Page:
Reverse engineering deep patterns of personal dysfunction is sobering. At this point of my life I can categorize my life into three stages: my unconscious evolution, my humility through demolition and my conscious re-engineering. My humility through demolition was the most painful part of beginning to navigate what love means to me, because it became increasingly clear that I didn’t love myself. I loved many people with whom I shared my life, both past and present. I could ascertain what love “is” through these relationships, because I was able to give love freely. What I couldn’t define was my love for myself. I found myself becoming brutally capricious about people, places and things that didn’t return my love as vigorously.
The deeper dive into my own self-reflection revealed an ambiguous personal value system that was the core to my personal instability. Although there were compartments of my life that were extremely successful as defined by societal terms I struggled to harness any real fulfillment in my personal life. Because of my unwavering ability to compartmentalize my fear was never apparent. Because of my unwavering ability to compartmentalize my level of control due to my honest ability to focus was unquestionable. Yet of my unwavering ability to compartmentalize, albeit concealing my loneliness, it was destroying my heart. I suffered from deep personal pain although I was surrounded by a horde of people that I loved so much. Why then?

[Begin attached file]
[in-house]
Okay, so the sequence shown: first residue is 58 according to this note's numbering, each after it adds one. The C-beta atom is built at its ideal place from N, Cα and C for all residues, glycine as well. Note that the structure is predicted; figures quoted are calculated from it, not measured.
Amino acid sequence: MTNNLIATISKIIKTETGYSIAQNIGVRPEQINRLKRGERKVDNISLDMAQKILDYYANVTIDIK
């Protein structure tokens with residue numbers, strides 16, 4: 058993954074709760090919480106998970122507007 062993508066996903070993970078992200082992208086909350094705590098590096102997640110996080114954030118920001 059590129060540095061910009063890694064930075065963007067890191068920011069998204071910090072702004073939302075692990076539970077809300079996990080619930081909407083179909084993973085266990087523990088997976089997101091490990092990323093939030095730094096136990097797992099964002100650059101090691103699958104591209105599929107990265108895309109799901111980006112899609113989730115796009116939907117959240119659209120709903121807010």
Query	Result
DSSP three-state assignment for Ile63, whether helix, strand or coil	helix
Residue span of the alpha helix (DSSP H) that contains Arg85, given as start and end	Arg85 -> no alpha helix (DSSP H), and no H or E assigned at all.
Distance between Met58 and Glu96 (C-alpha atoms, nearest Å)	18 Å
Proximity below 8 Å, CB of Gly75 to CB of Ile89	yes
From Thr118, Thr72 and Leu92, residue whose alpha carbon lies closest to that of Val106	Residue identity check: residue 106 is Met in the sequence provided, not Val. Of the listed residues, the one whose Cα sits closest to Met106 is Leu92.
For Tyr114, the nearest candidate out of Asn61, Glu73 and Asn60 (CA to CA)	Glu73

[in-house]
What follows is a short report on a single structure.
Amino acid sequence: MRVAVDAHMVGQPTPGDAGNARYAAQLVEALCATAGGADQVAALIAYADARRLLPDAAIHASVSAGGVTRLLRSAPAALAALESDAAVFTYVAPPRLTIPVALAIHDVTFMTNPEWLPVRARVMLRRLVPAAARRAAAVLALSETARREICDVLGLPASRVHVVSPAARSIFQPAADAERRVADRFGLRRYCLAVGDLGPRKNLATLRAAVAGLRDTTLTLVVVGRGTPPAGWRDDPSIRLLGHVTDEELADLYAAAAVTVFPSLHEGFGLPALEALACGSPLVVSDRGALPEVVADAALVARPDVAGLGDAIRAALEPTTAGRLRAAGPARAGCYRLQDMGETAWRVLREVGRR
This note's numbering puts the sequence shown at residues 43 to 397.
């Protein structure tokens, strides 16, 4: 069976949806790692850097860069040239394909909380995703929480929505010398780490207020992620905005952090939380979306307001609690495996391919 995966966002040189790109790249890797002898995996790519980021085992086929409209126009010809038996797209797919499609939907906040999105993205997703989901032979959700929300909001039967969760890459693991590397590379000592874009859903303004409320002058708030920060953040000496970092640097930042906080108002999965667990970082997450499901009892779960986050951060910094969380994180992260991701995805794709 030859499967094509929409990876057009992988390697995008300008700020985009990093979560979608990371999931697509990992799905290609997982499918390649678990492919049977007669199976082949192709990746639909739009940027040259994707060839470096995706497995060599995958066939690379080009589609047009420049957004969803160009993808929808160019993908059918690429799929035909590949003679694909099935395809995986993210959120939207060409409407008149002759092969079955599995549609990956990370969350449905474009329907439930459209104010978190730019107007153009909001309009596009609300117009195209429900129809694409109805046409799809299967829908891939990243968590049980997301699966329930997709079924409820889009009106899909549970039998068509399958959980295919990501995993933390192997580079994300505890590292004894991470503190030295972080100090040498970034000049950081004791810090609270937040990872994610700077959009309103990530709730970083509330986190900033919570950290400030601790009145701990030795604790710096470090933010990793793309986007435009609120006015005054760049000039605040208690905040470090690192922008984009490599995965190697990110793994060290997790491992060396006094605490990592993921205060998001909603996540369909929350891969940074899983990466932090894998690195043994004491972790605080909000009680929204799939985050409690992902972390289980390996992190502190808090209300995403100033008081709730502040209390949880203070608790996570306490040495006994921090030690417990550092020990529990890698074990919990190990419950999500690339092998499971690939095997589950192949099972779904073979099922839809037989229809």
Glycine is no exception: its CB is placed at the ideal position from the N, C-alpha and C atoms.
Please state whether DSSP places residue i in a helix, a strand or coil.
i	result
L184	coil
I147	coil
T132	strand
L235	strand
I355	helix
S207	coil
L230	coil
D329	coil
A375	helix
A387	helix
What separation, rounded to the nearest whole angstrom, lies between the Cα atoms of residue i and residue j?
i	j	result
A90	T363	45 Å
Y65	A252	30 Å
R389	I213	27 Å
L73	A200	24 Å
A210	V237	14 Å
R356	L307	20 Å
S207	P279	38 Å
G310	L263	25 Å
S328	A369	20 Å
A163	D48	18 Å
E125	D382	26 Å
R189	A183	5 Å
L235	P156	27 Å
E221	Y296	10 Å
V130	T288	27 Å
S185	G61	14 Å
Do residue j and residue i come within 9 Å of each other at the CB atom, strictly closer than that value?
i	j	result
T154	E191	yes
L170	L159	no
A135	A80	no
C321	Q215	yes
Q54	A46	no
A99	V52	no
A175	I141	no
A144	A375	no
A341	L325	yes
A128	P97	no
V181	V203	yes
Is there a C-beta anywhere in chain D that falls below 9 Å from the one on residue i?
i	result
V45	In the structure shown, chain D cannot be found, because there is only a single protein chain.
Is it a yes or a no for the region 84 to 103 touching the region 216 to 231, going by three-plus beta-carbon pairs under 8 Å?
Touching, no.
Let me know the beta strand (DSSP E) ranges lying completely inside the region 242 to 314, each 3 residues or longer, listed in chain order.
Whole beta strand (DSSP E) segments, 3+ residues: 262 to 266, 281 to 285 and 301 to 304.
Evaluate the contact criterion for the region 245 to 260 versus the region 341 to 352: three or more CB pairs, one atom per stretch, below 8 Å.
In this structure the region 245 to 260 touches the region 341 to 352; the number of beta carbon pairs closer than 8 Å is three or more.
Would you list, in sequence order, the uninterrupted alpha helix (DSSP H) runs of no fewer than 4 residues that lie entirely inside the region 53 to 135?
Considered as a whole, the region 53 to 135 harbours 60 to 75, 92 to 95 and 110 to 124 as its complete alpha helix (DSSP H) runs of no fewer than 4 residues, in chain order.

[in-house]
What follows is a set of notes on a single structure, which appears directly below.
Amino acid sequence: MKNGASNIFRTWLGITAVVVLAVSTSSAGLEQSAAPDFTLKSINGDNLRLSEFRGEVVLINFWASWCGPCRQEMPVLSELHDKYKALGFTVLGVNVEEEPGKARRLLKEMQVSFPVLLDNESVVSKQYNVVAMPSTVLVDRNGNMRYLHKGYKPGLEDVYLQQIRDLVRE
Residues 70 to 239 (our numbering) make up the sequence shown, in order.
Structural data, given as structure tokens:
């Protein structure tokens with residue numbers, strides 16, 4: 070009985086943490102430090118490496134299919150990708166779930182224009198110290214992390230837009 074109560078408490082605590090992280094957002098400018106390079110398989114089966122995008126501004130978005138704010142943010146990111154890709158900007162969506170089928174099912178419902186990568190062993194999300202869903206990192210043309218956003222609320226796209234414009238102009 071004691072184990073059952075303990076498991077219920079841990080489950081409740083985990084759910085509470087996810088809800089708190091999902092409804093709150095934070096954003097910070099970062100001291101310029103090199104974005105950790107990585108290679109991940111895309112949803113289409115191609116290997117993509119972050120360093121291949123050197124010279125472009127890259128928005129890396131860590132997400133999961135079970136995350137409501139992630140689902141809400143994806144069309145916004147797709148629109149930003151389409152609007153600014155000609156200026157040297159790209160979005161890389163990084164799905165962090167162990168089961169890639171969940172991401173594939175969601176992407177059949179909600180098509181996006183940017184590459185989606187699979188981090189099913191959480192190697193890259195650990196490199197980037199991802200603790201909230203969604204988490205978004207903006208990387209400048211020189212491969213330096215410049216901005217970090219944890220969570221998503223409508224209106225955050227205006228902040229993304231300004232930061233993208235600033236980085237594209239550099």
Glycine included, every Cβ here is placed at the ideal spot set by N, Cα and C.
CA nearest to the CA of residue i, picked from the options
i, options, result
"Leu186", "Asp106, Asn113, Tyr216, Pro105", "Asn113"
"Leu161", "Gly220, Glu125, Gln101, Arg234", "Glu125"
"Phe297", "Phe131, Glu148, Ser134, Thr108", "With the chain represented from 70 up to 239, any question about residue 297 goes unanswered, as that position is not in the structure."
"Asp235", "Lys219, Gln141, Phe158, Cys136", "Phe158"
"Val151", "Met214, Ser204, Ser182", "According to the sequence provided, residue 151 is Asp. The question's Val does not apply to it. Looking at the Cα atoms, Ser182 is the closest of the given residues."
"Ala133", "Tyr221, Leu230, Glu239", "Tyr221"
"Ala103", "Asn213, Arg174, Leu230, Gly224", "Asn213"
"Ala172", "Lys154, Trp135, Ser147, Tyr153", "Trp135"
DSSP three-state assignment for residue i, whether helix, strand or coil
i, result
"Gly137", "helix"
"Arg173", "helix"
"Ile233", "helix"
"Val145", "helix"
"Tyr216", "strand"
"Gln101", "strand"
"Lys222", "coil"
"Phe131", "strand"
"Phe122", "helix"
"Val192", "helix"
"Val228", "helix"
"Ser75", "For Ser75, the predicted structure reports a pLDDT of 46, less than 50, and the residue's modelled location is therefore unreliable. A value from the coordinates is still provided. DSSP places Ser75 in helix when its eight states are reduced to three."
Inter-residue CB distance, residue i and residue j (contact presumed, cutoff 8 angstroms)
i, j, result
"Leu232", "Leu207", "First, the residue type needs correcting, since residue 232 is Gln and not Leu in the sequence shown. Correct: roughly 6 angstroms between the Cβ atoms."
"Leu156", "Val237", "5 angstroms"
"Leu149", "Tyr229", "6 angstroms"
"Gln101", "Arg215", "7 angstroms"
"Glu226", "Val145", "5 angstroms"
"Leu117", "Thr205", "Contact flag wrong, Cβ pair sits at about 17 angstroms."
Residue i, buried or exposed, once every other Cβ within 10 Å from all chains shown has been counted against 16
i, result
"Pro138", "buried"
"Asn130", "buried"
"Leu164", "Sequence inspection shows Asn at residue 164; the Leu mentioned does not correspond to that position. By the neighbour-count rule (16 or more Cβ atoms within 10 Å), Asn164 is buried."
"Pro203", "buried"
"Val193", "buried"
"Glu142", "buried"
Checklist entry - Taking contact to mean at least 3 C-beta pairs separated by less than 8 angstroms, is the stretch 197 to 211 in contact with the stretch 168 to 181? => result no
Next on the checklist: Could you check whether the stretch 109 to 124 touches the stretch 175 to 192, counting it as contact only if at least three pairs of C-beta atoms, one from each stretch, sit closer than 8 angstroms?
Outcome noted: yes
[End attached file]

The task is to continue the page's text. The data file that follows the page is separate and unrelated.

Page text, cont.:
When my son was ten I sought his approval to leave my first husband. He shockingly expressed that we could make it alone, but due to my fear and lack of self-love I sought love outside of myself. Once again, I was desperately searching for an answer I didn’t know I had within me. One day when my son was sixteen while sitting in our kitchen nook he unsolicitedly affirmed, my reason for being the way I was. He told me “mother women have to be like you these days, because men aren’t men anymore.” This began the stage of my humility through demolition. I only partially believed what he said that day at the time and I believe it even less now that I have begun my conscious re-engineering stage. Instead I have developed some complex personal ideas about why I became the way I was totally apart from the men I chose to share my life with. The answers weren’t defined by them, they are mine-and-mine alone.
During my humility through demolition stage I observed pro-feminist women, privately steeped in patriarchy, making conscious decisions to stand beside men that disgraced them publicly amongst friends. I connected with women from different cultures who shared their experiences of survival by means of manipulation to find freedom. To date I have worked closely with over three hundred women to help develop a sense of physical strength & wellness through preventive health care measures. I never struggled with any of these issues directly in my unconscious evolution stage. So why then?
This is a story about a little girl who watched her mother suddenly die when she was seven years old. My father that was a USMA West Point Graduate who was a strict disciplinarian who couldn’t express his love. My father was a beautiful man with a brilliant mind and a depressed heart. When my mother passed away my father never recovered and it was never about the motherless child, but instead the wifeless husband. Although my father provided a financially stable and nourishing scholastic environment he suffered at being consciously present. He deliberately dissociated love and intimacy. During my humility through demolition stage I realized this was my why.